What is BPA?

As the “bisphenol” part of the name suggests, bisphenol A is made up of two phenol groups, which come off the center carbon of a propane, which is made up of three total carbons. BPA is a non-polar molecule, because its -OH groups “balance” each others’ charges out, giving it little net electron-pull (Salehpour et al., 2021).

Russian chemist Aleksandr P. Dianin first discovered BPA. His method, although first used in 1891, is still used today for the commercial synthesis of BPA (Yaln & Akbulut, 2014).

Following its synthesis, BPA is reacted to produce polycarbonate, a strong, clear, hard resin that has many uses, both in the past and present (Hansen et al., 2021). Uses for polycarbonates include:

  • thermal paper receipts (absorbed through skin!)
  • plastic water bottles (ingested!)
  • baby feeding bottles (ingested!)

BPA-containing epoxies are also used in the lining of metal cans for food and drink preservation. BPA kept metal cans from corroding in extreme temperatures and pressures (Yaln & Akbulut, 2014). Up until April 2019, LaCroix was still producing its cans with BPA-lined walls (Peterson, 2019).

What’s So Bad about BPA?

Estrogen is a sex hormone responsible for regulating the female reproductive system. BPA is classified as an environmental estrogen  – it is a synthetically produced chemical that can bind to and function via estrogen receptors in the body (Yaln & Akbulut, 2014). BPA will mimic estrogen. It is known as an endocrine-disrupting chemical, or EDC. EDCs like BPA can weaken the body’s immune response against pathogens and cancer cells, thus increasing the risk for cancers, especially breast cancer (Lapensee et al., 2009) (Salehpour et al., 2021).

BPA is still being produced today, and a projection from 2016 showed that BPA production will reach 10.6 million metric tons by the year 2022. That’s NEXT YEAR. The continuing production of BPA is fueled by a growing demand for these polycarbonate products from developing countries (Leung et al., 2020).

In the studies I looked at, BPA has been found in the urine of 90-95% of the general United States population. These concentrations could be extremely small, but any concentration can cause concern (Hansen et al., 2021) (Bucher, 2009).

Plastic Pollution

Humans aren’t the only ones impacted by BPA. But BPA does not occur naturally – so how does it get into the environment? One way is airborne – through epoxy resin spray, used in machine plants (Hanaoka, 2002).

BPA contamination also occurs through landfill-based pollution, with wastewater runoff playing a major role. Many landfills rest on or near waterways, and plastic is added to them every single day (Jafari et al., 2021).

Once it gets into the environment, BPA has a slow degradation – taking more than 90 years to biodegrade (and that’s not even thinking about what it degrades into!) (Jafari et al., 2021). With BPA being one of the most prevalent chemicals produced worldwide, the concentrations are bound to persist in aquatic organisms. Fish studies have suggested that aquatic animals face reproductive and developmental difficulties due to BPA (Faheem et al., 2017).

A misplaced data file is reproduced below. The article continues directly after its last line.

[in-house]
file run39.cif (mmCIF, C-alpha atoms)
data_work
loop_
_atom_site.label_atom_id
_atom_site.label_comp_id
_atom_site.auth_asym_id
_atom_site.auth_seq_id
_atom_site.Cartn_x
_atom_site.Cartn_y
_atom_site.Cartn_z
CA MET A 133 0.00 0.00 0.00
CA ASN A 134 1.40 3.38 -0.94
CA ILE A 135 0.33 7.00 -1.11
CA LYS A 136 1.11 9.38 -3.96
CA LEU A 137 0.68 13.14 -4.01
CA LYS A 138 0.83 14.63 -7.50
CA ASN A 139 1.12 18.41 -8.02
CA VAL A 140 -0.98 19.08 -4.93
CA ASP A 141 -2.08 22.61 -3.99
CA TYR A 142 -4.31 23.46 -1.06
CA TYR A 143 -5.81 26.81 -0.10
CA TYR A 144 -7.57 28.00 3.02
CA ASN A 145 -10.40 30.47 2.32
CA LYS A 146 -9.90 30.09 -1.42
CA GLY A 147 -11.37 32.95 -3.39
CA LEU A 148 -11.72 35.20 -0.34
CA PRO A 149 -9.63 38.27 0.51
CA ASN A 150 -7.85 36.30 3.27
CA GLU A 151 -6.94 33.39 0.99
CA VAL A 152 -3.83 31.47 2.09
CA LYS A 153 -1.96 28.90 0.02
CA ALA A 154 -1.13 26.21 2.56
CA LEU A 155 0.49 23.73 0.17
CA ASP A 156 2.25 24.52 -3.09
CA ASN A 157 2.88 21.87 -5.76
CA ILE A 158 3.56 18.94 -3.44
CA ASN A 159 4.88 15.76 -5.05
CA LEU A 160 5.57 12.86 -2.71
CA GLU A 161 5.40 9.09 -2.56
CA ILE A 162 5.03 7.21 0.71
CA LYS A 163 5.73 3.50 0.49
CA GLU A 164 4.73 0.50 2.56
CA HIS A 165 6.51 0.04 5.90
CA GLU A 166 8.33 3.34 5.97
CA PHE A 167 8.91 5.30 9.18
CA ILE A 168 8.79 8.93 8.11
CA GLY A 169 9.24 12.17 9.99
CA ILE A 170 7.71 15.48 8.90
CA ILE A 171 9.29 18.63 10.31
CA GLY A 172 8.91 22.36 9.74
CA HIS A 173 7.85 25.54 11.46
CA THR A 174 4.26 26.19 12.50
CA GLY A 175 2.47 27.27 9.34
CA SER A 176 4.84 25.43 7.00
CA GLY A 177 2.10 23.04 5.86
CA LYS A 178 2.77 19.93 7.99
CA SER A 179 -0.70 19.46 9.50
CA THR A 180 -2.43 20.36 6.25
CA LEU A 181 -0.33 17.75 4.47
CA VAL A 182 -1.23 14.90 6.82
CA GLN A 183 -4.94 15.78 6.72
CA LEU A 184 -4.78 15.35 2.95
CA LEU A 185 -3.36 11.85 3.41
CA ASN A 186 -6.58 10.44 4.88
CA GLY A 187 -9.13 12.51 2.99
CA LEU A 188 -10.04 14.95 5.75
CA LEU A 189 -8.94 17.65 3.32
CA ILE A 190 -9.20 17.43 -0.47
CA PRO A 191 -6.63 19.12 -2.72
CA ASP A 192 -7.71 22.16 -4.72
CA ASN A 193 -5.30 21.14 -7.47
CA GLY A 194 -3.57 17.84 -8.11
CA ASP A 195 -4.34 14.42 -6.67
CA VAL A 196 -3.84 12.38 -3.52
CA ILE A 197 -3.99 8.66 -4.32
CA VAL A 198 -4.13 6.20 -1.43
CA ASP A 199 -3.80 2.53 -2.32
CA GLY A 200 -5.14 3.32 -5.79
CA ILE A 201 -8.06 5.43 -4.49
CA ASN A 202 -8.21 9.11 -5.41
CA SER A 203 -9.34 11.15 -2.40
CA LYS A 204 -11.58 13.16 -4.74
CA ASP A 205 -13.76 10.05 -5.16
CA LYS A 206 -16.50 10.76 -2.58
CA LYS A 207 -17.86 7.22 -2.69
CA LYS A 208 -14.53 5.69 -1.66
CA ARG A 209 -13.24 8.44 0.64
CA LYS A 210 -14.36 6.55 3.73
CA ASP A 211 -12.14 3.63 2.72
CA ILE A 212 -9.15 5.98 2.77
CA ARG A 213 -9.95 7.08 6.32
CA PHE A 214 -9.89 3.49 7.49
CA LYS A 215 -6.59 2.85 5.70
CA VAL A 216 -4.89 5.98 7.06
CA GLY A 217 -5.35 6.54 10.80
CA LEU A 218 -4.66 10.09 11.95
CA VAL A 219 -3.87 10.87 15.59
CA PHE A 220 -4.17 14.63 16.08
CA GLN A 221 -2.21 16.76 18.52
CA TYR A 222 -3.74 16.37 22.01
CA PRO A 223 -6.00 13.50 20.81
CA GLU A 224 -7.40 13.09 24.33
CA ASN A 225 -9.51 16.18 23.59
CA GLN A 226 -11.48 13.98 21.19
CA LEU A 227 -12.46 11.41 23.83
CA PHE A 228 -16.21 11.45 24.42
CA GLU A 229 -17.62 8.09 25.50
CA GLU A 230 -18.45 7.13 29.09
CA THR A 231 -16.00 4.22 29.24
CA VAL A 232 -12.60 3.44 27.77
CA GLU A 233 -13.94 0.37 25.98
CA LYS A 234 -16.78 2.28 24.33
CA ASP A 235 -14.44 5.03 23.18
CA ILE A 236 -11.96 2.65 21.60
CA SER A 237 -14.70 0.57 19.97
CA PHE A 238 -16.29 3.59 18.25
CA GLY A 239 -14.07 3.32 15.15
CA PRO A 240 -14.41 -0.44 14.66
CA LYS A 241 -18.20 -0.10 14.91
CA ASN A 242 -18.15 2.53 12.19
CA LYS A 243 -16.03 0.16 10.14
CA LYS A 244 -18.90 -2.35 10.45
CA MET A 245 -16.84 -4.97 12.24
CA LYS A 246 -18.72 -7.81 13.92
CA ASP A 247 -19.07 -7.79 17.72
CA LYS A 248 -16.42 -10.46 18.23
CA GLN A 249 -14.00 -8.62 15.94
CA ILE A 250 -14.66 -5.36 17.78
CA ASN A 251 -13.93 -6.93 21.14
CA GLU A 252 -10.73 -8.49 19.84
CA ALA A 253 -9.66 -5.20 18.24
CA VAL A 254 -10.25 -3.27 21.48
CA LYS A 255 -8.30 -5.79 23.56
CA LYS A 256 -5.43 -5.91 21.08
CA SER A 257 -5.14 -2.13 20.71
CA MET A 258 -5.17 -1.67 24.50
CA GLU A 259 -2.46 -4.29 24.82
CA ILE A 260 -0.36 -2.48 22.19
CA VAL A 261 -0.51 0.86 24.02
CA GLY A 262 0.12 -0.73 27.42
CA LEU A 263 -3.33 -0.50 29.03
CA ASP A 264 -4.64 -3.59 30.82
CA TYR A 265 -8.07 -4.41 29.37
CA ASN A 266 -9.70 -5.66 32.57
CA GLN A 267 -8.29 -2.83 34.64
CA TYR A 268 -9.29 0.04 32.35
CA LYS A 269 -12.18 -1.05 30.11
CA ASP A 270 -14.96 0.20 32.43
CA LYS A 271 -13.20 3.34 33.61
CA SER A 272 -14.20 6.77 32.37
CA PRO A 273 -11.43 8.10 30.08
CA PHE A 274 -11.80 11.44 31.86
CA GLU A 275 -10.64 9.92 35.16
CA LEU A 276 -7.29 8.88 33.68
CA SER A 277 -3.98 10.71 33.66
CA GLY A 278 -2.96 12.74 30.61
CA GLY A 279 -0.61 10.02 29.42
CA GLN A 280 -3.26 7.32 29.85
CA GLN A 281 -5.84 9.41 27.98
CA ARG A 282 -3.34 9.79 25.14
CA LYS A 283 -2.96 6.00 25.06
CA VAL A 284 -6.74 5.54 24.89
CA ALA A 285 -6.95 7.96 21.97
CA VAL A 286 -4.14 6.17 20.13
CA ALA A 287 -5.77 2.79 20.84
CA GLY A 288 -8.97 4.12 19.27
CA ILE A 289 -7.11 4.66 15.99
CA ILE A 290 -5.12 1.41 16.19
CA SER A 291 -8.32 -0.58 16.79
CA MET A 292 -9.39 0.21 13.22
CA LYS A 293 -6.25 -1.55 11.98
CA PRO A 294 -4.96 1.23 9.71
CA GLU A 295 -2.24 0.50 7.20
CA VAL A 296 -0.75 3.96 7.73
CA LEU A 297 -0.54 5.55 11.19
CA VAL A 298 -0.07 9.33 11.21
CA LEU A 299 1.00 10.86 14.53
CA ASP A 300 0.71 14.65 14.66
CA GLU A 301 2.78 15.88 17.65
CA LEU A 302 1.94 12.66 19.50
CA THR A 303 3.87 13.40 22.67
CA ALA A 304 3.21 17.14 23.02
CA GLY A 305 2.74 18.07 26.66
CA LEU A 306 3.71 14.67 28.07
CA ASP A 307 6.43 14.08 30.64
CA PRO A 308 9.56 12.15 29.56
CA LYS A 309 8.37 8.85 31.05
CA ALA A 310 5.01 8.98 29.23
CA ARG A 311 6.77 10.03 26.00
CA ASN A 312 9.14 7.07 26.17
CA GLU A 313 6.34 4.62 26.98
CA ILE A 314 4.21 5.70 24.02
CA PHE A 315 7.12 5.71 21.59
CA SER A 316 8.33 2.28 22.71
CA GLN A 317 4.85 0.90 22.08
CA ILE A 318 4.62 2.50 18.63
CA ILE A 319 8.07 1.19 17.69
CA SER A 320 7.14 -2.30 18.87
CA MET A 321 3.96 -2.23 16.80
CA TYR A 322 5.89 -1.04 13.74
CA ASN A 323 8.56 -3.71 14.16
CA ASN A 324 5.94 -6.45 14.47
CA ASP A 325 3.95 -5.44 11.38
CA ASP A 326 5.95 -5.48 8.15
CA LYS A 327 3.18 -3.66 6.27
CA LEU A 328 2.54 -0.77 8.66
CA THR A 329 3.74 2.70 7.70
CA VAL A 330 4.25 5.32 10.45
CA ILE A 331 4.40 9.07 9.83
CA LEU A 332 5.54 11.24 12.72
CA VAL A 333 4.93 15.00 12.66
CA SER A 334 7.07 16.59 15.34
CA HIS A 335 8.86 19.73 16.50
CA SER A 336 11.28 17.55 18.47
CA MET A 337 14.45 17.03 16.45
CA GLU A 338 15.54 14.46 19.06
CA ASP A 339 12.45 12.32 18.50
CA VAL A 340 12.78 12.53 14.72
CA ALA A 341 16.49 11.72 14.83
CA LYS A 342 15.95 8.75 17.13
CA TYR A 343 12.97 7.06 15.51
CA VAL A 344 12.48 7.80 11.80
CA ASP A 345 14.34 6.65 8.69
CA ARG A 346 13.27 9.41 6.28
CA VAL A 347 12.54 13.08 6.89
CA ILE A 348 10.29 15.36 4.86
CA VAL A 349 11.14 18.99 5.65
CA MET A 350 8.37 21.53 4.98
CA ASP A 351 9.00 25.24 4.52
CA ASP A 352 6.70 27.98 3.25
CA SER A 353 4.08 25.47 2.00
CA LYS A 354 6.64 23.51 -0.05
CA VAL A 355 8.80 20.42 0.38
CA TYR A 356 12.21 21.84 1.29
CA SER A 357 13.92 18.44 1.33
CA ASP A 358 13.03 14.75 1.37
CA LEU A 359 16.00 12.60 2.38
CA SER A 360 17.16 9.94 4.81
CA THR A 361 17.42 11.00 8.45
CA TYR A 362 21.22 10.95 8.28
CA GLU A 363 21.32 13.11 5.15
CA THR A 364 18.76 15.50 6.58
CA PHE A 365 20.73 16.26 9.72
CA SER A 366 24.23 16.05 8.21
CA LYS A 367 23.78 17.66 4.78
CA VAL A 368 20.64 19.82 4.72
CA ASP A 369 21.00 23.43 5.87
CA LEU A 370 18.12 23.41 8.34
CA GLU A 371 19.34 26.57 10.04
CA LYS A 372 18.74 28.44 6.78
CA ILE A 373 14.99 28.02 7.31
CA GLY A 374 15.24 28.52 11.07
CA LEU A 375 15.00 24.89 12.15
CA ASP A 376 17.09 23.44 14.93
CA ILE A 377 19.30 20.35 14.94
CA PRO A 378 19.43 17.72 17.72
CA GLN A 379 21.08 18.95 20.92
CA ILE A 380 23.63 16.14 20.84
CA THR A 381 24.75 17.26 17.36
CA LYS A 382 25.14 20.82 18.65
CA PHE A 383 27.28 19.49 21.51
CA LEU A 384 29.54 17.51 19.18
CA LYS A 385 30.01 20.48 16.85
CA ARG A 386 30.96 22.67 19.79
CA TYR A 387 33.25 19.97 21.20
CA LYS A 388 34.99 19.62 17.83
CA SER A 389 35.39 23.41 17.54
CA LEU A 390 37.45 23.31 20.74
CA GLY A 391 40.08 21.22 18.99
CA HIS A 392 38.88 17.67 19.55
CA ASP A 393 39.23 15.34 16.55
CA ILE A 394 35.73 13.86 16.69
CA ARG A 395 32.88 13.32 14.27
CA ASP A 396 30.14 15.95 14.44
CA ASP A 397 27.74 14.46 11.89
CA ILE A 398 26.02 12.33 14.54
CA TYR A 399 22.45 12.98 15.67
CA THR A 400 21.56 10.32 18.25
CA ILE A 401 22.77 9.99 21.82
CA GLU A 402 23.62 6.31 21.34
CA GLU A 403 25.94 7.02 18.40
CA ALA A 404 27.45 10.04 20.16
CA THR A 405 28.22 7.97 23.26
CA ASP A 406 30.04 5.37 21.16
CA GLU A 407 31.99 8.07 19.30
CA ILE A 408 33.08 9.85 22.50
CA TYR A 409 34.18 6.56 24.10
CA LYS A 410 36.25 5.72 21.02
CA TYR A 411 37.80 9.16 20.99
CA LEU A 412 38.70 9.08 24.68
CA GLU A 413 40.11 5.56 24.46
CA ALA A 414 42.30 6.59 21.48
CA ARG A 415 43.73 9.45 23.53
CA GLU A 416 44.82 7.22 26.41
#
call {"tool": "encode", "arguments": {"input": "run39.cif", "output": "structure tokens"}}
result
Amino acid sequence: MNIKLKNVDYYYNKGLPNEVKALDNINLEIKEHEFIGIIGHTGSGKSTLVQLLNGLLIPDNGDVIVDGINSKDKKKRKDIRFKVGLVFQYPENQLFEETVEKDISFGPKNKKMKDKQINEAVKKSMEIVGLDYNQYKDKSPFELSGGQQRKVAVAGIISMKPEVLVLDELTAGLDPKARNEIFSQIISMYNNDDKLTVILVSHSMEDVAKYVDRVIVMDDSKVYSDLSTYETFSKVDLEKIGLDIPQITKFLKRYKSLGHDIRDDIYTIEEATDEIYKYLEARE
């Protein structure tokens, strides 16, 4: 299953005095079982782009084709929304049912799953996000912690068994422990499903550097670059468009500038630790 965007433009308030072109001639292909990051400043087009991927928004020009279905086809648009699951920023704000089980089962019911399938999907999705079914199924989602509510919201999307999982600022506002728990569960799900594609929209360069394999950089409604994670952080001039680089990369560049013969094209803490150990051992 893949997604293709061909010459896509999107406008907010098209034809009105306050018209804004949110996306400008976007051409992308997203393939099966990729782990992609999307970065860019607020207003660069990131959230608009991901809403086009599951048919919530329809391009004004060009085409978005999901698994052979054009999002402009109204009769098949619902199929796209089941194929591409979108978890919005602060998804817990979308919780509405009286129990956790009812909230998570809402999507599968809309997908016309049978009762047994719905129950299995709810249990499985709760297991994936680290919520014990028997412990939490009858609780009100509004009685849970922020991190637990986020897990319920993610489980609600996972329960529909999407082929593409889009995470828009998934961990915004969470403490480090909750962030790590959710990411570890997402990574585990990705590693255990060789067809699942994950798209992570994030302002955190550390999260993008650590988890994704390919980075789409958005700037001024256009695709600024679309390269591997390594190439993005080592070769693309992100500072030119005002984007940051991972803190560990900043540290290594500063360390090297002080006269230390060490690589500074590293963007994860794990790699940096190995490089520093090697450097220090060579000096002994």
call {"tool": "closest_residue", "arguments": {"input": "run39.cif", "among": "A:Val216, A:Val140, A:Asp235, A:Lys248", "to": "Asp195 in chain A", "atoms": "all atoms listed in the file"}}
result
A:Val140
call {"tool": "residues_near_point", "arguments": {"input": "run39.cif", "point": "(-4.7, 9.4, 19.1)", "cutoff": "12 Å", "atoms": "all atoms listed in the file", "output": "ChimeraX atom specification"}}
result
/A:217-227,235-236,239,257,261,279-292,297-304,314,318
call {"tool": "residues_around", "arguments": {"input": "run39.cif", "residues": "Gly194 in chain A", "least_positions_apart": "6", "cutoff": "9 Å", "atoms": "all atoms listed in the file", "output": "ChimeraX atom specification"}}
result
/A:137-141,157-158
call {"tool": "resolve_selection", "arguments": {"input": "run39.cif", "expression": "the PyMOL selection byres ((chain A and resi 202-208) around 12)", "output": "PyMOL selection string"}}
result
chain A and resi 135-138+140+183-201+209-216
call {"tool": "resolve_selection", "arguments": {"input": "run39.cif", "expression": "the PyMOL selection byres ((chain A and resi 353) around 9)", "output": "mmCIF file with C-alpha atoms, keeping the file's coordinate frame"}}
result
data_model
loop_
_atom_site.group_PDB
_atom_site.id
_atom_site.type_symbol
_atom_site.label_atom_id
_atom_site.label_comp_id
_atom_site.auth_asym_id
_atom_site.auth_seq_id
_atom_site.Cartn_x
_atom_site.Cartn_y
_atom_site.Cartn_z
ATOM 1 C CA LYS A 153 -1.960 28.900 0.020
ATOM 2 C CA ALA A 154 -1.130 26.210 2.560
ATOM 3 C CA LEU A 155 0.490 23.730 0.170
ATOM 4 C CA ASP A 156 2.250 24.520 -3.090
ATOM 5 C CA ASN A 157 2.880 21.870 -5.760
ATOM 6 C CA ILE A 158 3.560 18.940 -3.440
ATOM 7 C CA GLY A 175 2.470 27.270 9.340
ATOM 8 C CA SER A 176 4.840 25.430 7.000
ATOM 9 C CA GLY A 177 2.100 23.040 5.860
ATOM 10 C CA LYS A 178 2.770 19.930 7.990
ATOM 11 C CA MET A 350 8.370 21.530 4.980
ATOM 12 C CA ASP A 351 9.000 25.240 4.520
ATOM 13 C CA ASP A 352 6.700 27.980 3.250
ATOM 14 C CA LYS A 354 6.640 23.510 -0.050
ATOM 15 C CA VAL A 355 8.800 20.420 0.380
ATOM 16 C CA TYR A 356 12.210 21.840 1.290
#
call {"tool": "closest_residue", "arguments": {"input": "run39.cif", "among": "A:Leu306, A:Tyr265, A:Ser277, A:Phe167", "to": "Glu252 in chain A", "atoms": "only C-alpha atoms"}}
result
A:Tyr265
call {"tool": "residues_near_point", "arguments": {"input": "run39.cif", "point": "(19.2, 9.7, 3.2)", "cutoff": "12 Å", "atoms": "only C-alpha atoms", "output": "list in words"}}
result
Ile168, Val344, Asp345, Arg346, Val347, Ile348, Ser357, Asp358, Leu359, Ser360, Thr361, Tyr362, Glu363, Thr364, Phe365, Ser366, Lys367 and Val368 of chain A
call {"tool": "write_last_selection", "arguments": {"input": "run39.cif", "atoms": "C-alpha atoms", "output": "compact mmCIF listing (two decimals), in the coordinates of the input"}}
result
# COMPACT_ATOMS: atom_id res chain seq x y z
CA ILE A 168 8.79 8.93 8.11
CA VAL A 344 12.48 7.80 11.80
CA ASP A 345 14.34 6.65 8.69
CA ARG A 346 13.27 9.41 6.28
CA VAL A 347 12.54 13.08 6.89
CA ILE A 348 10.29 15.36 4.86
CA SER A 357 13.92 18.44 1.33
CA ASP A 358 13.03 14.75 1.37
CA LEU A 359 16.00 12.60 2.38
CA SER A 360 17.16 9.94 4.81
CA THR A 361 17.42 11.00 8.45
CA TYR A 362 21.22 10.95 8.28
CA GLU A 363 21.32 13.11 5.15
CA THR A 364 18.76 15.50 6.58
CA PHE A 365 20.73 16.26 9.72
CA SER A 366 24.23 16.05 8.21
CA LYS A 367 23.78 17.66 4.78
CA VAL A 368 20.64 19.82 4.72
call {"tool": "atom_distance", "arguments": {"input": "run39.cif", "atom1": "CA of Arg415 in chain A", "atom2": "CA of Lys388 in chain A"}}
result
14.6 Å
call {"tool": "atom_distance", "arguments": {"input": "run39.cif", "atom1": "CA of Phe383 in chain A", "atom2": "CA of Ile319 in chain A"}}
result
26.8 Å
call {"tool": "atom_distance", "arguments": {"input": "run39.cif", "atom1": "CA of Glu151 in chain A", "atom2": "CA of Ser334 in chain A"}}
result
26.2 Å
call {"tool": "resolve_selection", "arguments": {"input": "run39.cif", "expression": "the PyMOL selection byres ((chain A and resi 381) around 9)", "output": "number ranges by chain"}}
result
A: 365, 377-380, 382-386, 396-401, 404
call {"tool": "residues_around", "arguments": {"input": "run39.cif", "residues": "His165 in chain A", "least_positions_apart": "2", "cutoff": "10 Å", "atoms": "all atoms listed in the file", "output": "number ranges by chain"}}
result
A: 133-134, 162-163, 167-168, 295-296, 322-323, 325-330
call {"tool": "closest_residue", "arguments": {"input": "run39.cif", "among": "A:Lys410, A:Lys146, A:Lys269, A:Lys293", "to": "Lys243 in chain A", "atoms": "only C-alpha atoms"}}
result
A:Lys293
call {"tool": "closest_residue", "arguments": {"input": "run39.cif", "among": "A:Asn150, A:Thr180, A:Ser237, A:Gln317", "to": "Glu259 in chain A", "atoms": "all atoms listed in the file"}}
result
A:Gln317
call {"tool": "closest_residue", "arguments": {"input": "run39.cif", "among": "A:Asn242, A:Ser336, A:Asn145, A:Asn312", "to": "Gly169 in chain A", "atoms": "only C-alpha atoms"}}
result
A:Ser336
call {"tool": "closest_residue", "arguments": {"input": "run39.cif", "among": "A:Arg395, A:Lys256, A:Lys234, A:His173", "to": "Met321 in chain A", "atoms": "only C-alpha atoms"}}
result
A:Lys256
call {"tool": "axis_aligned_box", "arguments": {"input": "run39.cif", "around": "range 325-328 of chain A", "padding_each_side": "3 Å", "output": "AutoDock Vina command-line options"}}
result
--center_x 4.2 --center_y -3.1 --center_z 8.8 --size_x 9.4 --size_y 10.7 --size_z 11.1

Anatomy of a Landfill | Roll Off Dumpsters & Containers

Plastic Policy

Canada prohibited the use of BPA in food packaging for infants and newborns in 2008 (“Canada Bans Bisphenol A in Baby Products”, 2008). The European Union stopped using BPA in baby bottle production in 2011, and daily limits were cut from 50 to 5 μg/kg body weight/day due to uncertainty about BPA’s toxicity (“Bisphenol A Ban”, 2010) (“Bisphenol A Limits”, 2014).

In August 2008, the Food & Drug Administration (FDA) ruled BPA safe, not altering its label to “some concern” in 2010 (“Bisphenol A”, 2010). The FDA has adapted the lowest observed effect level for BPA as 50 μg/kg body weight/day. Now, it’s banned for anything really dealing with infants or children (baby bottles, packaging for liquid formula, etc) (Leung et al., 2020) (Jafari et al., 2021).

With these regulations on BPA, something needs to replace it. However, a study looking at common replacements showed that replacements had similar impacts (Mesnage et al., 2017). So yes, BPA replacements are also bad.

BPA is a reproductive and immunity-lowering chemical used in plastics. Look for BPA-free to ensure you’re staying away from this endocrine-disrupting chemical. To really keep your body safe, stay away from any plastics, as some BPA replacements may be just as bad.


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